Belloc Mon 21-Jul-14 14:00:33

A gap year is often a very bad idea for a prospective maths undergraduate, unless they're very committed to keep up their maths.

I know a young man who missed his Cambridge offer three years ago (thanks to STEP). He ended up going to Sheffield (which has an excellent maths department) and will this year head off to MIT in the states to complete his studies, having turned down a postgraduate offer from Cambridge.

If he does miss his offer, it's just a small blip. He'll have other chances to shine.

Tell him to enjoy his summer and not to worry. And you should stop worrying too. He'll encounter much bigger setbacks in life than a missed STEP grade.

I feel certain he'll be fine, even if he does miss the STEP grade.

Belloc Mon 21-Jul-14 14:04:32

Is his insurance offer Warwick? I thought Warwich gave one offer excluding STEP and one alternative offer including STEP?

secretsquirrels Mon 21-Jul-14 14:19:53

Belloc Good to hear a happy outcome for someone in DS position.
Yes it's Warwick. It's A*A*A with STEP 2 or A*AA with STEP 1.
He thinks he got a high 3 in STEP. Of course if he got a 2 he will be fine and I think there may be an element of results panic involved. Nevertheless it seems we ought to be prepared in case decisions have to be made on results day.
(Cambridge wanted STEP 1,1 and so he isn't even a near miss).

Molio Mon 21-Jul-14 15:44:52

secretsquirrels why not contact Cambridge too, explaining the situation fully including the background, self-teaching etc. It's all highly relevant especially the fact that he's blazing a trail and had no school support for the STEP. They know very well how much guidance is given at plenty of other schools. Difficult to know how to phrase it though but obviously that would be easier if he had a sympathetic Head of Maths from his school who could do it on his behalf. Anyhow, what I really mean is in for a penny etc. Much better to get ahead of the crowd at Cambridge too.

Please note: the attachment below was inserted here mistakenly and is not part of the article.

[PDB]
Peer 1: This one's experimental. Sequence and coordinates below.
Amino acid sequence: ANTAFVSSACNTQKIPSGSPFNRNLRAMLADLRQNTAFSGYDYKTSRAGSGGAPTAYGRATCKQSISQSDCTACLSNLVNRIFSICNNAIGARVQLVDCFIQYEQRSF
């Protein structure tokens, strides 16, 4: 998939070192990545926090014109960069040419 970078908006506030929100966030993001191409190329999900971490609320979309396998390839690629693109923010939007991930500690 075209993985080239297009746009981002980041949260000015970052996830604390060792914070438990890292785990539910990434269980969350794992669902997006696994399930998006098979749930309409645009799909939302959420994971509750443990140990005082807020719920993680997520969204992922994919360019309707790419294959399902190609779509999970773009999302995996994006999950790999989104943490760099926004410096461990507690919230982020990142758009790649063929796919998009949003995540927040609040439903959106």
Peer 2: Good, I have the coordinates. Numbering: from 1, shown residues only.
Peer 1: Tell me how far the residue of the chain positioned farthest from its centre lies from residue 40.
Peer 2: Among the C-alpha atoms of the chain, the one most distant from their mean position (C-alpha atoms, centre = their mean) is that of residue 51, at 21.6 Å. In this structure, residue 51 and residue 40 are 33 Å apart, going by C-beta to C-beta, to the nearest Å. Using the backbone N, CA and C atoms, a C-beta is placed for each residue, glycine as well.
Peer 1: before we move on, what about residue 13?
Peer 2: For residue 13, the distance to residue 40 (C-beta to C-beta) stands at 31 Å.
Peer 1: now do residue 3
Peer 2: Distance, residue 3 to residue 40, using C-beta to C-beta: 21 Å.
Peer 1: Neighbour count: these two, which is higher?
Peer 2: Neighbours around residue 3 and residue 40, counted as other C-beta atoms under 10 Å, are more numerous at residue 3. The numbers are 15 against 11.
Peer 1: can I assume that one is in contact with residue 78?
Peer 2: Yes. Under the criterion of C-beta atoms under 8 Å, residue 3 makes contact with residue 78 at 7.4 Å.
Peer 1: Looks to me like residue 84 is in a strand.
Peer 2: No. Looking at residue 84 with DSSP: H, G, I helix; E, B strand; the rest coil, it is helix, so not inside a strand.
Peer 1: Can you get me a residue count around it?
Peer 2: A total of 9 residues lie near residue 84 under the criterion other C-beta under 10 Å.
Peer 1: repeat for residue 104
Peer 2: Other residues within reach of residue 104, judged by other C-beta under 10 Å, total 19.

Needmoresleep Mon 21-Jul-14 16:02:52

Worth also contacting other admissions offices? Bath say, or equivalent. You dont need to give your son's name. Simply explain he is an A* candidate yet may have missed STEP. Given somewhere in the region of 50% miss their Cambridge maths offers this will not be a new problem.

Ask if they might be able to consider your son at the point when offers come out. He wants/needs to be on a good course, and does not want to take a gap year.

You are phoning because this is something his school does not have much experience of, and though they mean well guidance/support to date has been poor.

The worst they can say, is "no chance". My guess is that if they are likely to enter clearing, or simply expect a spare place or two to open up because others miss their grades, they will be as helpful as possible. They will know that Cambridge will have interviewed your son and been impressed. If they have a place he is the sort of candidate they will want to encourage.

You would then know where to focus your efforts on results day, hopefully with a couple of direct phone numbers.

Join the discussion

Join the discussion

Registering is free, easy, and means you can join in the discussion, get discounts, win prizes and lots more.

Register now